I have another cold or something. Spring is hard. Yesterday was the school’s annual religious ritual. The monks come and chant prayers all day, people come by for lunch and at dinner time. It’s kind of routine.
I wasn’t assigned to do any work, but I hung around the people serving and helped out. I didn’t do that much. Mostly just dried dishes. I had woken up with a bad cold, and by afternoon I just wanted to sleep.
National Language Ma’am thought I could go home. She said half the teachers had left anyway, although I am not sure that was true. They were hanging around in the staffroom, watching movies. She said you don’t have any work and we can manage without you. It was around 4:30 or so by then. So I left.
I came home and fell asleep around 5 and I woke up for a bit around 7 and slept again until 5. So probably that helped.
In the morning, I had some thoughts. I had some thoughts about feeling worthless and unwanted and unloveable and about feeling shame. I think I’ll just lay them out there. They are really painful, but I think I will just say them plainly and get to the pain later.
People who don’t have supportive relationships with others are very fearful people. We need social support, and when we don’t get it, we feel very afraid. My parents, for different reasons, could not form supportive relationships with others, and they were very frightened people. Fearful people tend to rely on control to help them manage their fear, so my parents were very controlling of me.
A child needs a structure. Actually, we all need structure to help us make life predictable and to help us get along. If it’s the right sized structure, with boundaries that keep the child safe but also leave enough room for the child to develop, then it feels like a house. If it’s too permissive a structure, then it doesn’t keep the child safe. The child is permitted to do things that harm themselves or harm others. It makes the child anxious and fearful. If the structure is too small, it feels like a cage, with no room for the child to develop as a person or to get their basic needs met.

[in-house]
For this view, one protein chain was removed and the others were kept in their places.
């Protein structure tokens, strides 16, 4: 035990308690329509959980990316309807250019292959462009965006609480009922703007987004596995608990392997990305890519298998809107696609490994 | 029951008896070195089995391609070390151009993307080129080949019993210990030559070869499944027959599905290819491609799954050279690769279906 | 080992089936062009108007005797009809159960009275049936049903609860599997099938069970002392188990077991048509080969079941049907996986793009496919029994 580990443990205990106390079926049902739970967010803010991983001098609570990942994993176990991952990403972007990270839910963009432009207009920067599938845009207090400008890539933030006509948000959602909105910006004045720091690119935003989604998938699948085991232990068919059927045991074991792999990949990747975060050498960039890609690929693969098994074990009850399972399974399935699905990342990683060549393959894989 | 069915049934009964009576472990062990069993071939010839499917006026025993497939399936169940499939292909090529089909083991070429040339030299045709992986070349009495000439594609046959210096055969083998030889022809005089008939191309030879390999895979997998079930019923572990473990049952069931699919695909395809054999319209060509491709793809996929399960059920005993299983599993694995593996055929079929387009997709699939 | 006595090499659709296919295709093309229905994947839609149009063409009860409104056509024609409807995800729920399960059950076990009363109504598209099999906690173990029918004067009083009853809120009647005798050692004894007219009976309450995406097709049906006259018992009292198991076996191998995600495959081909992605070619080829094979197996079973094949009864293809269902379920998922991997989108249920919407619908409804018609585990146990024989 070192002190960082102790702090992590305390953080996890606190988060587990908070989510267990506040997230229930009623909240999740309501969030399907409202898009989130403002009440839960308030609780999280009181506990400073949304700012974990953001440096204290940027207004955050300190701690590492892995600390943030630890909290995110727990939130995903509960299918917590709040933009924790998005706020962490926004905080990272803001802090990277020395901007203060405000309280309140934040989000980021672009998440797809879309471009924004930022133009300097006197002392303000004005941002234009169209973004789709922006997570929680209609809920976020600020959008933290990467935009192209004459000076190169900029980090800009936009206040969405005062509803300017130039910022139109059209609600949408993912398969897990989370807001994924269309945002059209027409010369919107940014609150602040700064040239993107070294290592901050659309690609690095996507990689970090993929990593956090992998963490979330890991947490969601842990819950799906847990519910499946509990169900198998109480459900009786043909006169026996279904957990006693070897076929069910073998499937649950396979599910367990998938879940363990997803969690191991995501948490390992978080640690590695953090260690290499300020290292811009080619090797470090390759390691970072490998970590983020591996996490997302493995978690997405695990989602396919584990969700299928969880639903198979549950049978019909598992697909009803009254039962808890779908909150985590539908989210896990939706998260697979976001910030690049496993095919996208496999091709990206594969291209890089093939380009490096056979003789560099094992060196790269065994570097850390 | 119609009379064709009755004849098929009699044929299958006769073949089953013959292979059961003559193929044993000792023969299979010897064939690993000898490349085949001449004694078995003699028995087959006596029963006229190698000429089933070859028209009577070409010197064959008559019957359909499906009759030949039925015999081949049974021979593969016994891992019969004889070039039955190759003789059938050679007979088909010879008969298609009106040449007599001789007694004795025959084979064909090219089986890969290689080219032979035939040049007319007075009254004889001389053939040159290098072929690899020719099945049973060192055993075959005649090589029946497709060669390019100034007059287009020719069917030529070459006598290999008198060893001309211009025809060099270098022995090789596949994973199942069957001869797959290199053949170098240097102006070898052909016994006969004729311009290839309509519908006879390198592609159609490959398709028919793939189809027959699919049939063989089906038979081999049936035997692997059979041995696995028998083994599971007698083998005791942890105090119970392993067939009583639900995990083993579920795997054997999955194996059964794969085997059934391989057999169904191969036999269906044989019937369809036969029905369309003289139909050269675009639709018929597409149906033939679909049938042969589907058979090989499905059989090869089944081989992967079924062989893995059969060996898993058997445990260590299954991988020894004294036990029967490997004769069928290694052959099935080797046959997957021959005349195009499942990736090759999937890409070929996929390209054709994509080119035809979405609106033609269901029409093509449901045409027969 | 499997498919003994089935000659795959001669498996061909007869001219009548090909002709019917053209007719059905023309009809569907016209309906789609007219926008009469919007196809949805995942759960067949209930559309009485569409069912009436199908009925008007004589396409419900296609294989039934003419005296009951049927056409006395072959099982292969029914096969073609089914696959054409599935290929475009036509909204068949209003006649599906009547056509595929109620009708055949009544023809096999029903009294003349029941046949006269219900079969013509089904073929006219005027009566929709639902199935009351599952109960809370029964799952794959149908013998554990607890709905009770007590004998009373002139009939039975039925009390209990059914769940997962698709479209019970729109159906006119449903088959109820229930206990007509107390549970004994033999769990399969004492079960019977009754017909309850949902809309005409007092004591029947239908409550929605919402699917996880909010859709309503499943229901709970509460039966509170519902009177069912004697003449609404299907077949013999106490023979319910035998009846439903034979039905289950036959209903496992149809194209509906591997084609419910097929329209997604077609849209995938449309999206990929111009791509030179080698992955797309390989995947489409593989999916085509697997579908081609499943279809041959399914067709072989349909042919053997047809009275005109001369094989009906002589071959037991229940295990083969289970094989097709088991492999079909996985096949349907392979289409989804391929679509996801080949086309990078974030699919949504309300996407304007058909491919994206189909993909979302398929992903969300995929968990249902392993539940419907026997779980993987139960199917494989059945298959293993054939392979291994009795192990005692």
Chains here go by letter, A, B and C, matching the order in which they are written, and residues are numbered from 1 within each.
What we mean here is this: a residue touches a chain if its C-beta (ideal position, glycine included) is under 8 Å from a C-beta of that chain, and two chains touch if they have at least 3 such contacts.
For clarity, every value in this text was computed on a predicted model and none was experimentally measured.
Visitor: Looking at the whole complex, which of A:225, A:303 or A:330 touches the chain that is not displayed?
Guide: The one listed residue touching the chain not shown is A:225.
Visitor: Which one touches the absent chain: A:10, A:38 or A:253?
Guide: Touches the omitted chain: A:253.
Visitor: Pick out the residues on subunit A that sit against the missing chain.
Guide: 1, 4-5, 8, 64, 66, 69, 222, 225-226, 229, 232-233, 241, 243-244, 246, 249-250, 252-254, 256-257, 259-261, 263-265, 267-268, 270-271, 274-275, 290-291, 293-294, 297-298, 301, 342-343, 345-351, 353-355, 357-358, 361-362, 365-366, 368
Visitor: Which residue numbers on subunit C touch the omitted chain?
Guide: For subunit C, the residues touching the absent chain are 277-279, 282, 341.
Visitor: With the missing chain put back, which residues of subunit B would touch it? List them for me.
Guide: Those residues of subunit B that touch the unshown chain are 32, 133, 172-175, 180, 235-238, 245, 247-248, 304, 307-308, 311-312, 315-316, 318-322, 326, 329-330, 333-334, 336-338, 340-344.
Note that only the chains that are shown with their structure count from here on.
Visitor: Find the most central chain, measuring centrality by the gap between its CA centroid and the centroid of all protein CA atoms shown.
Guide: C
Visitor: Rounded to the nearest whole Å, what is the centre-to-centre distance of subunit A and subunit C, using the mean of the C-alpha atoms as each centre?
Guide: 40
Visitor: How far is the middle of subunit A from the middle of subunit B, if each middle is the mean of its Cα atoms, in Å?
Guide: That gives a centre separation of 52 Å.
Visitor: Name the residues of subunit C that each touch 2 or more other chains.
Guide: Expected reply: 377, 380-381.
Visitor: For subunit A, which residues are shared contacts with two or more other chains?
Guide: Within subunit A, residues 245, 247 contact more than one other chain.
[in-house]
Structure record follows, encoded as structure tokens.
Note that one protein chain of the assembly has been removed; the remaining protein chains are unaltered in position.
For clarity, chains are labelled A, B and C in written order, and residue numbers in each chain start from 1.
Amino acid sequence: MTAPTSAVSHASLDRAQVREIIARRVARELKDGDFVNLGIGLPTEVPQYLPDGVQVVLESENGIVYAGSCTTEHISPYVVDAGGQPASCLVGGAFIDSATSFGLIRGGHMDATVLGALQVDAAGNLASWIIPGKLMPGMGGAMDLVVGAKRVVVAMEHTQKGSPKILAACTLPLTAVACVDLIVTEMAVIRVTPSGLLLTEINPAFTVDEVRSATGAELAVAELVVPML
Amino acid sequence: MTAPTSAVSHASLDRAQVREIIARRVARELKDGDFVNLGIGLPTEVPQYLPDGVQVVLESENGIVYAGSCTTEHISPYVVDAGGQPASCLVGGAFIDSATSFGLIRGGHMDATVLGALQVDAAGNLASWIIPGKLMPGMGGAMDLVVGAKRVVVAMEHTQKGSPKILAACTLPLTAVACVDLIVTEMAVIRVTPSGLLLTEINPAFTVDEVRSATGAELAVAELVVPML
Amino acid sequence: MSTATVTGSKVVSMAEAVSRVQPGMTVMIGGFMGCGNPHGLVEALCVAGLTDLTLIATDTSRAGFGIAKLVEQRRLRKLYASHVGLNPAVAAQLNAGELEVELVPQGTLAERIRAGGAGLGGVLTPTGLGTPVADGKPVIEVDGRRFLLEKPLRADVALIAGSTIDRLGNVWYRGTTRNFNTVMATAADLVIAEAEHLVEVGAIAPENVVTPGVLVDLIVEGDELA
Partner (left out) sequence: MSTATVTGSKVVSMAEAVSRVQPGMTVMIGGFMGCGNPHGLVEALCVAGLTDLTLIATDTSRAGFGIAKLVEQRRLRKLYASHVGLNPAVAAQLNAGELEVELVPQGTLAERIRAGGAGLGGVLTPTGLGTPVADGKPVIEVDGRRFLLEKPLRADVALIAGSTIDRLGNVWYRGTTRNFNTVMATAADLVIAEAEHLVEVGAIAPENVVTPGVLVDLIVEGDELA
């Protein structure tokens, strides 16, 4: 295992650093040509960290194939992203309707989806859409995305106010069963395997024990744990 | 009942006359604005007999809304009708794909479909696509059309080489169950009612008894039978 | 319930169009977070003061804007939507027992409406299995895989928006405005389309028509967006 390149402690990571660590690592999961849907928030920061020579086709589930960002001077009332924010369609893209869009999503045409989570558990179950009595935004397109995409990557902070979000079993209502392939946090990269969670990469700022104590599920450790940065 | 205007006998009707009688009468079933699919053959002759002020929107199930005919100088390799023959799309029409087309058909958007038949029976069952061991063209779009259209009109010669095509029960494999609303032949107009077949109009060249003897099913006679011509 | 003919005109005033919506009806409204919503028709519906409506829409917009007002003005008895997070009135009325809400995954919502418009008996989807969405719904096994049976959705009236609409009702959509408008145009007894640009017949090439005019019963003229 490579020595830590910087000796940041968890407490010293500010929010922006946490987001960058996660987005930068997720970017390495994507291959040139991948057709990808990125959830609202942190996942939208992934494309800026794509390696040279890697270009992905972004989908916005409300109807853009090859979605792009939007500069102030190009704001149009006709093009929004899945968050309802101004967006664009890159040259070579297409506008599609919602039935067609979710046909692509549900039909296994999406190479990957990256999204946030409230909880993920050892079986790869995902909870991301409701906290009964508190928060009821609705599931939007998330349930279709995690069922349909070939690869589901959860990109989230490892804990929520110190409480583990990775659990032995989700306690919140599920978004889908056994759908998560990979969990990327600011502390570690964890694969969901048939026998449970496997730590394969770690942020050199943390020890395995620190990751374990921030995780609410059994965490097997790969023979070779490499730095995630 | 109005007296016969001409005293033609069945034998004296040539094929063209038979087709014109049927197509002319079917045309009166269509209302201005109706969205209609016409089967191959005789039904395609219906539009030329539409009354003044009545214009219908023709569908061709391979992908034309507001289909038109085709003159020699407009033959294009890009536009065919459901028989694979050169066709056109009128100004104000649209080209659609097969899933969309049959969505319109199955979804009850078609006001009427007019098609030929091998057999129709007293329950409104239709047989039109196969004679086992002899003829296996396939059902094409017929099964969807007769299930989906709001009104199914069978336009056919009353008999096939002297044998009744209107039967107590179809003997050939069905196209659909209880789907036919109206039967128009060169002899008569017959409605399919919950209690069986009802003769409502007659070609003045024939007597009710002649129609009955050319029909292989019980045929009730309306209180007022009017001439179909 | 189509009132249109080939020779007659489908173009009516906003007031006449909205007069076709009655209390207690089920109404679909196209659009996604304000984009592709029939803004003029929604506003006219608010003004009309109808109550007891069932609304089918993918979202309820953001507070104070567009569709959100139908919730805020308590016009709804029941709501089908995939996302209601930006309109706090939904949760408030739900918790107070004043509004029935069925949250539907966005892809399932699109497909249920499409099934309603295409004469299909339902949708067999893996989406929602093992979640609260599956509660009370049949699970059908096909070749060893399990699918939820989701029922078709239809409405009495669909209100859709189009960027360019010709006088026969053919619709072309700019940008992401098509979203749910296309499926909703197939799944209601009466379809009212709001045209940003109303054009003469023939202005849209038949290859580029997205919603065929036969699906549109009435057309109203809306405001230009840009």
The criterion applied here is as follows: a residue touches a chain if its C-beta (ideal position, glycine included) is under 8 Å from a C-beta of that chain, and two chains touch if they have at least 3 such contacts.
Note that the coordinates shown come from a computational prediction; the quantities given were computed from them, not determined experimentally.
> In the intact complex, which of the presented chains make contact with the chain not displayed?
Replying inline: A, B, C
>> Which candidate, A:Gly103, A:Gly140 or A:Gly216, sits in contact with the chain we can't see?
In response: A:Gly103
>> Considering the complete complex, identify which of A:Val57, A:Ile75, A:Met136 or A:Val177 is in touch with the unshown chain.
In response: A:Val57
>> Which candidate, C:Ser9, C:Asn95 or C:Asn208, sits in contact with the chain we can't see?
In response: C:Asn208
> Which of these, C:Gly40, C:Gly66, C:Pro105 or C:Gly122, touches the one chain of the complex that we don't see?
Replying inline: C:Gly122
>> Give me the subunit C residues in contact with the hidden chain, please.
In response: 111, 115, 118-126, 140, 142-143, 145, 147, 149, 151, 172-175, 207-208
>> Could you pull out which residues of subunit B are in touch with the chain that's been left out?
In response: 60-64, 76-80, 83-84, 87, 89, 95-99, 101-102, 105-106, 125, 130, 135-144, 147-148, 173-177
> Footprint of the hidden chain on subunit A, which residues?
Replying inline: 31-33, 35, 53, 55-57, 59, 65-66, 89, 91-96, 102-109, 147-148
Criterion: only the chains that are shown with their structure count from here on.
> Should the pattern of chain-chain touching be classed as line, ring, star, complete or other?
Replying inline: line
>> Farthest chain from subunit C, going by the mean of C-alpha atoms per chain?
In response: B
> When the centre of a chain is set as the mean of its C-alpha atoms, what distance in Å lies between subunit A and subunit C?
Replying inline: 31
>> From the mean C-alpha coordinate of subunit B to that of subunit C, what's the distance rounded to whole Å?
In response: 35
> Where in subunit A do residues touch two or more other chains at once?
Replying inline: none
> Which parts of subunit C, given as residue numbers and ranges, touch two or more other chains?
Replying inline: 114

I grew up in a straightjacket. For my mother, every unexpected event felt like an assault. The crying of her baby was an attack on her worth and her competence as a parent I don’t know how she became the person she was, but that is who she was. I was an enemy combatant who needed to be conquered and controlled. She had an ability to attach, so there was at times warmth but there was absolutely no room for me to be a person, because she was too fearful. My basic human needs—for closeness, for independence, for affection, for protection, absolutely all of them—were disallowed.
And that’s why I feel so much shame. We feel ashamed when we break the rules. It is the emotion that goes with having transgressed. My very existence was transgressive in our house. Shame is that emotion telling me, “I am breaking the rules.” The rules disallowed my existence. My dad’s abuse was horrific, but my mother alone would have created that kind of shame in me.